The petition to stop Brexit England from playing at the Euros

Reports have resurfaced of plans by France and Germany to stop England and other British sides from playing at the European Championships following the semi-final triumph against Denmark on Wednesday. 

In 2016, the EU’s two big powers prepared a petition to remove British sides in the event of Brexit. The Euros that year kicked off two weeks before the historic referendum to leave the EU.

A rather important fact that seems to have escaped Eurofanatic schemers is that European football’s governing body, UEFA is not remotely affiliated with the European Union – it is headquartered in non-EU Switzerland.

But reality never gets in the way of exaggerated pro-EU campaigning. In April 2016, details were leaked to the Telegraph of a petition to throw out British teams in the event of Brexit. 

“Solidarity is a core principle in Europe, and this is true in the great game of football no less than trade or politics,” said Jurgen Loos, a German former footballer who masterminded the plan. “If Britain leaves, then we should be clear: ‘out’ means ‘out’.”

The Franco-German plans were so well developed that legal documents were drafted to set out contingencies for dealing with enraged England fans in the event their Euro 2016 tickets became void.

The proposal had gathered momentum following England’s 3-2 defeat of Germany in Berlin in March 2016.

UEFA spokesman, Yuro Baloni declined to make a statment until the petition was legally filed. The reason why Loos and his fellow plotters did not go ahead with it have not emerged.

Fast forward to 2021, Britain has left the EU, UEFA is holding the tournament across Covid-hit Europe a year late with both semi-finals and the final at Wembley and England are in the final, having knocked out Germany in their round of 16 meeting. Several of the matches, including a quarter-final between Denmark and the Czech Republic, were played in Baku, Azerbaijan, a country repeatedly in the dock for human rights violations, a cause celebre of the EU elite.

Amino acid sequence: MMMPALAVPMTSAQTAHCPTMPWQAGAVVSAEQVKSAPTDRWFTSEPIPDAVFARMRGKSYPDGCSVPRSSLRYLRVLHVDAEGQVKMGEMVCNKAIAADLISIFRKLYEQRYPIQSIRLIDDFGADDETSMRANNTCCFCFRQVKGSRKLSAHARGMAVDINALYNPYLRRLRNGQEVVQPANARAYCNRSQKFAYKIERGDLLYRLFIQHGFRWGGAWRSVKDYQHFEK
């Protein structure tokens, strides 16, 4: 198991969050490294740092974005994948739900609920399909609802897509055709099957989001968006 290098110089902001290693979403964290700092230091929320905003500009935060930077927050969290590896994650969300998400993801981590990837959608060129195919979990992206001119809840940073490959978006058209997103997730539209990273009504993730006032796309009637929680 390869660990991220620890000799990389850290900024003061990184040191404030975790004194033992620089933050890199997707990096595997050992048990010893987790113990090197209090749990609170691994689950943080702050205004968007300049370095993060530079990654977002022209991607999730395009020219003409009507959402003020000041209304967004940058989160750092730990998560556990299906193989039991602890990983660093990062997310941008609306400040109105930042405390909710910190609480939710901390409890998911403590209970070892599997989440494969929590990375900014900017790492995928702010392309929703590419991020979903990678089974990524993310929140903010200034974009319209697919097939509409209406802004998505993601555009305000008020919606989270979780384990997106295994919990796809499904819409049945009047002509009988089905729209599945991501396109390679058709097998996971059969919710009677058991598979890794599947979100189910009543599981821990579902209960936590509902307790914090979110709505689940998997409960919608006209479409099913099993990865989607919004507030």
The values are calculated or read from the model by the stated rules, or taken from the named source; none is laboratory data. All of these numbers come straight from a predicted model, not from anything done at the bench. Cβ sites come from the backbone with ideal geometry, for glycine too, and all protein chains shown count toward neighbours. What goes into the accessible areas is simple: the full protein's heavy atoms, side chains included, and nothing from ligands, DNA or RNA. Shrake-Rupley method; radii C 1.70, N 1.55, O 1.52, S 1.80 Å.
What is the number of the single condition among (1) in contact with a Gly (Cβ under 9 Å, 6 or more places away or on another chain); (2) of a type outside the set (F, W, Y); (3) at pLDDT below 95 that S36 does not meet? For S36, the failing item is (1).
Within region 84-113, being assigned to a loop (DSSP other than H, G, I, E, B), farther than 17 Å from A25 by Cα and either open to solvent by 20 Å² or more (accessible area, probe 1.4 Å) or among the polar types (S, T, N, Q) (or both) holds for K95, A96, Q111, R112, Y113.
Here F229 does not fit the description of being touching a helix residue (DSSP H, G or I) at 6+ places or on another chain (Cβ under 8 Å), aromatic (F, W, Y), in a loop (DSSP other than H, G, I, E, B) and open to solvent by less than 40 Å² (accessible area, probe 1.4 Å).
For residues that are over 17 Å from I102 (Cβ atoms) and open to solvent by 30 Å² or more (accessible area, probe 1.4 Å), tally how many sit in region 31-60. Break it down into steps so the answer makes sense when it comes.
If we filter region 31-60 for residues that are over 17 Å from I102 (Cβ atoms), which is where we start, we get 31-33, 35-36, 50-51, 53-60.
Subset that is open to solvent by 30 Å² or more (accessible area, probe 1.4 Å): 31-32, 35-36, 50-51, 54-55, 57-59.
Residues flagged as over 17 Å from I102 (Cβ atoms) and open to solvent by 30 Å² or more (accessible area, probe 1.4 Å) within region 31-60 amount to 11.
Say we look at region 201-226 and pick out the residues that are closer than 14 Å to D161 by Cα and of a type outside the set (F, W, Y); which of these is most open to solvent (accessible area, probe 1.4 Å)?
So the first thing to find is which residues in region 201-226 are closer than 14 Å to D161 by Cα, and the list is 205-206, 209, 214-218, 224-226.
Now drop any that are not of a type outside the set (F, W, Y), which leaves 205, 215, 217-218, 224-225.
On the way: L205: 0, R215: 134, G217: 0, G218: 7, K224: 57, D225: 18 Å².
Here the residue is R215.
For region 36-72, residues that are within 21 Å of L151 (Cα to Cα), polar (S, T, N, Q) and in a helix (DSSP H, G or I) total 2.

But this year’s tournament has been tinged with controversy at times. Italian prime minister Mario Draghi called for the final, in which Italy will face England, to be played at Rome’s dreary Stadio Olimpico because of rising infections in Britain, even though vaccination rates are much higher in the UK.

And the German press could not resist ranting about Brexit in advance of the Three Lions’ clash against the Nationalmannschaft last week.

The German Daily Express ran the headline “Everything ready for the Euro-Brexit” above a cut out Three Lions crest with (now former) Germany manager, Joachim Löw’s head printed in place of the three beasts’ heads.

The heavily coiffed coach is now out of a job after his team lost to England.

We’re never going to get tired of saying that.